Brexit FAQs

  • (Last updated 5 November 2018)
    • Yes. There will be no change to the immigration status of EU students who are already here or who arrive before the end of the government’s Brexit implementation period on 31 December 2020. This was confirmed in the government’s Statement of Intent on the EU Settlement Scheme (n.b. the final details of the scheme are still subject to agreement by Parliament).

    • EU nationals who already live in the UK, or who arrive by 31 December 2020, will be able to apply for settled status. This will enable them to live, work and study in the UK for as long as they like. The settlement scheme will open fully in March 2019 and the deadline for applications will be 30 June 2021.

    • The government has also committed in its Brexit White Paper to “facilitating mobility for students and young people, enabling them to continue to benefit from world leading universities.” once the UK leaves the EU.

    • Universities, including Oxford Brookes, are calling on the government to use the upcoming Immigration Bill to ensure that future academic and student mobility is not impeded by unnecessary bureaucracy regardless of the immigration status of EU/EEA nationals after the UK has left the EU. However, the immigration status of EU citizens arriving in the UK after 31 December 2020 will depend on the kind of relationship the UK negotiates with the EU and the migration system that is established after withdrawal.

    • The government is in negotiations with governments of EEA countries (Norway, Iceland and Liechtenstein) and Switzerland about the rights of their citizens. 

    • There will be no change to the tuition fee status of current EU students attending UK universities or for those coming for courses starting in 2018–19 or in 2019-20. This means that EU students studying at UK universities will pay the same fees as 'home' students for the full duration of their course, even if the course finishes after the UK has left the EU.

    • The fees that EU students starting courses at UK universities following the agreed transition period are required to pay will depend on what is agreed as part of the UK's exit negotiations.



    Existing EU/EEA students, and those applying for courses in 2018/19 and 2019/20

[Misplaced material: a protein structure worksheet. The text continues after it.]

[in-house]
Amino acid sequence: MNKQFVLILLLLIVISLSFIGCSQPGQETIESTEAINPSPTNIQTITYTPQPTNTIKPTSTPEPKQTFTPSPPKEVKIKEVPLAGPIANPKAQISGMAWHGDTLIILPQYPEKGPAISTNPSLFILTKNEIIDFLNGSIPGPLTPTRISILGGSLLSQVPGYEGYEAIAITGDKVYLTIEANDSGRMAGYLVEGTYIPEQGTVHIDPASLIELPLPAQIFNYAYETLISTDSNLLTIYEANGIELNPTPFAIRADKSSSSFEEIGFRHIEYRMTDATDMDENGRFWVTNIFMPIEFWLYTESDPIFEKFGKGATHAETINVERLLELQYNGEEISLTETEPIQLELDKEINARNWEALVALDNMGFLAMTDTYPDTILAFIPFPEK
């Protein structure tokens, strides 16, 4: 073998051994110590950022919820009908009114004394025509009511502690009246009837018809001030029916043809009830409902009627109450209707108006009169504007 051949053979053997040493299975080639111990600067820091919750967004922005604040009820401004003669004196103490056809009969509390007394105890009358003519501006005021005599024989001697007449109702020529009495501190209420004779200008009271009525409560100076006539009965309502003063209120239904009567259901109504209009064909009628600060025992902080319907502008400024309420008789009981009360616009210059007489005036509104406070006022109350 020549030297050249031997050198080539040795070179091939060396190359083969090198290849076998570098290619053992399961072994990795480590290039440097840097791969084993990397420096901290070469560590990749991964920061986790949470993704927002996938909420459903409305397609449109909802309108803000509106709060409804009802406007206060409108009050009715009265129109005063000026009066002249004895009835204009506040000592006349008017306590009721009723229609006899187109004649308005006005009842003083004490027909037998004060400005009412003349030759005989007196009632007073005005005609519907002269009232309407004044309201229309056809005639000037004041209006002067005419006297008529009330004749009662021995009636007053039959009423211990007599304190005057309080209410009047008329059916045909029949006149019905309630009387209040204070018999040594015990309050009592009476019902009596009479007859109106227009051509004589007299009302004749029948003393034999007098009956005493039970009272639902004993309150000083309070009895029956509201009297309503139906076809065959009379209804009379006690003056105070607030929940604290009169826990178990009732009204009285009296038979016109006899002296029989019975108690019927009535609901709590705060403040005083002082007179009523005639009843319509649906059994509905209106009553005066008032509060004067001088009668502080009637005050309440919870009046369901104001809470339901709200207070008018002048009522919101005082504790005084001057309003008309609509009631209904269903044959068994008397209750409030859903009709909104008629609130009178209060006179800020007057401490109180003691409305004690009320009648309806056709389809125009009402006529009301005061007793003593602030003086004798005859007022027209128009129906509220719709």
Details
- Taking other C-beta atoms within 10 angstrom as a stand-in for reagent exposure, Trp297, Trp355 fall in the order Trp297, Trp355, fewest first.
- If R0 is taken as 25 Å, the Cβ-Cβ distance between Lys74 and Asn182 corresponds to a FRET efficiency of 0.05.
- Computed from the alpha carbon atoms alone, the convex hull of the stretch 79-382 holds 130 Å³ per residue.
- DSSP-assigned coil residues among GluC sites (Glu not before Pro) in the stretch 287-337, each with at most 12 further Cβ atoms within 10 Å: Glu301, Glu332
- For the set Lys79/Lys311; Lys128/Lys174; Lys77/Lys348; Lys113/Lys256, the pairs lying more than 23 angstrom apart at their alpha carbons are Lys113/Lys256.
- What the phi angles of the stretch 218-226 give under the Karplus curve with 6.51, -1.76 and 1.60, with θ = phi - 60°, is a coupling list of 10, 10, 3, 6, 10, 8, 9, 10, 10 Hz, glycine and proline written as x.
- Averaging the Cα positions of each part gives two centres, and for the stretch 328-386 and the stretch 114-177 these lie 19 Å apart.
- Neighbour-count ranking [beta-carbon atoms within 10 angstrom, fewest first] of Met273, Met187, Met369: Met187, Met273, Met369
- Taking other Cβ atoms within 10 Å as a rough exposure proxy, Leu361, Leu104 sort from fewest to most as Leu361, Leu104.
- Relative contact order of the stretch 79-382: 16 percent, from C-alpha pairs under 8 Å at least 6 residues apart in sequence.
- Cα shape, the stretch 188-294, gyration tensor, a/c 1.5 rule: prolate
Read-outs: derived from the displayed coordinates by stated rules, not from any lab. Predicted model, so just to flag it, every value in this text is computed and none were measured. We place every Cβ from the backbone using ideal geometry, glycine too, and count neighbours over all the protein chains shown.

• Separate statements from across all UK nations confirm that current EU students remain eligible to receive loans and/or grants to fund their studies for the full duration of their course. The same will apply to those students who start in 2019/20.

    • EU students attending universities in England who are eligible under current rules to receive loans and grants from their respective student finance organisations will continue to do so for the duration of their course, even if it only ends after the UK has left the EU. The guarantee for 2019/20 entrants has been confirmed

    EU/EEA students applying for a PhD starting in 2018/19

    • It was confirmed in a statement from Jo Johnson MP that EU nationals starting courses in the academic year 2017/18 will continue to be eligible for Research Council PhD studentships to help fund their studies for the full duration of their course. This will be the case even if the course finishes after the UK has left the European Union. This has now been extended to cover PhD studentships for 2018/19.

    • Students from UK universities currently participating in Erasmus+, including those taking part this academic year, will not be affected by the referendum result or the triggering of Article 50.

    • Following the UK-EU phase one agreement on the 15 December 2017, the UK will be able to participate in Erasmus+ until the end of the programme in 2020, providing there is a final exit deal agreed upon. This should allow staff and students to complete mobility periods, and receive funding, through the Erasmus+ programme until the end of the academic year 2020/21.

    • Universities, including Oxford Brookes, continue to highlight the benefits of the programme and will be urging the UK government to push for access onto the Erasmus+ successor programme, which will commence in 2021.



    • The UK will remain in the Horizon 2020 research programme and other EU funding programmes that are part of the multiannual financial framework (MFF) until the end of 2020, as confirmed by the UK-EU phase one agreement. This will allow for UK participants to continue to apply and use EU programmes until the end of its current inception.

    • This includes long-term projects that are to continue after Horizon 2020 has finished. The report published jointly by the UK and the EU on the phase one agreement stated that the UK's "eligibility to apply to participate in Union programmes and Union funding for UK participants and projects will be unaffected by the UK's withdrawal from the Union for the entire lifetime of such projects". In addition, the paper states that the UK could "agree to simplified procedures so as to avoid unnecessary administrative burdens extending well beyond the end of the current multiannual financial framework" ensuring that administration for this eventuality is being investigated.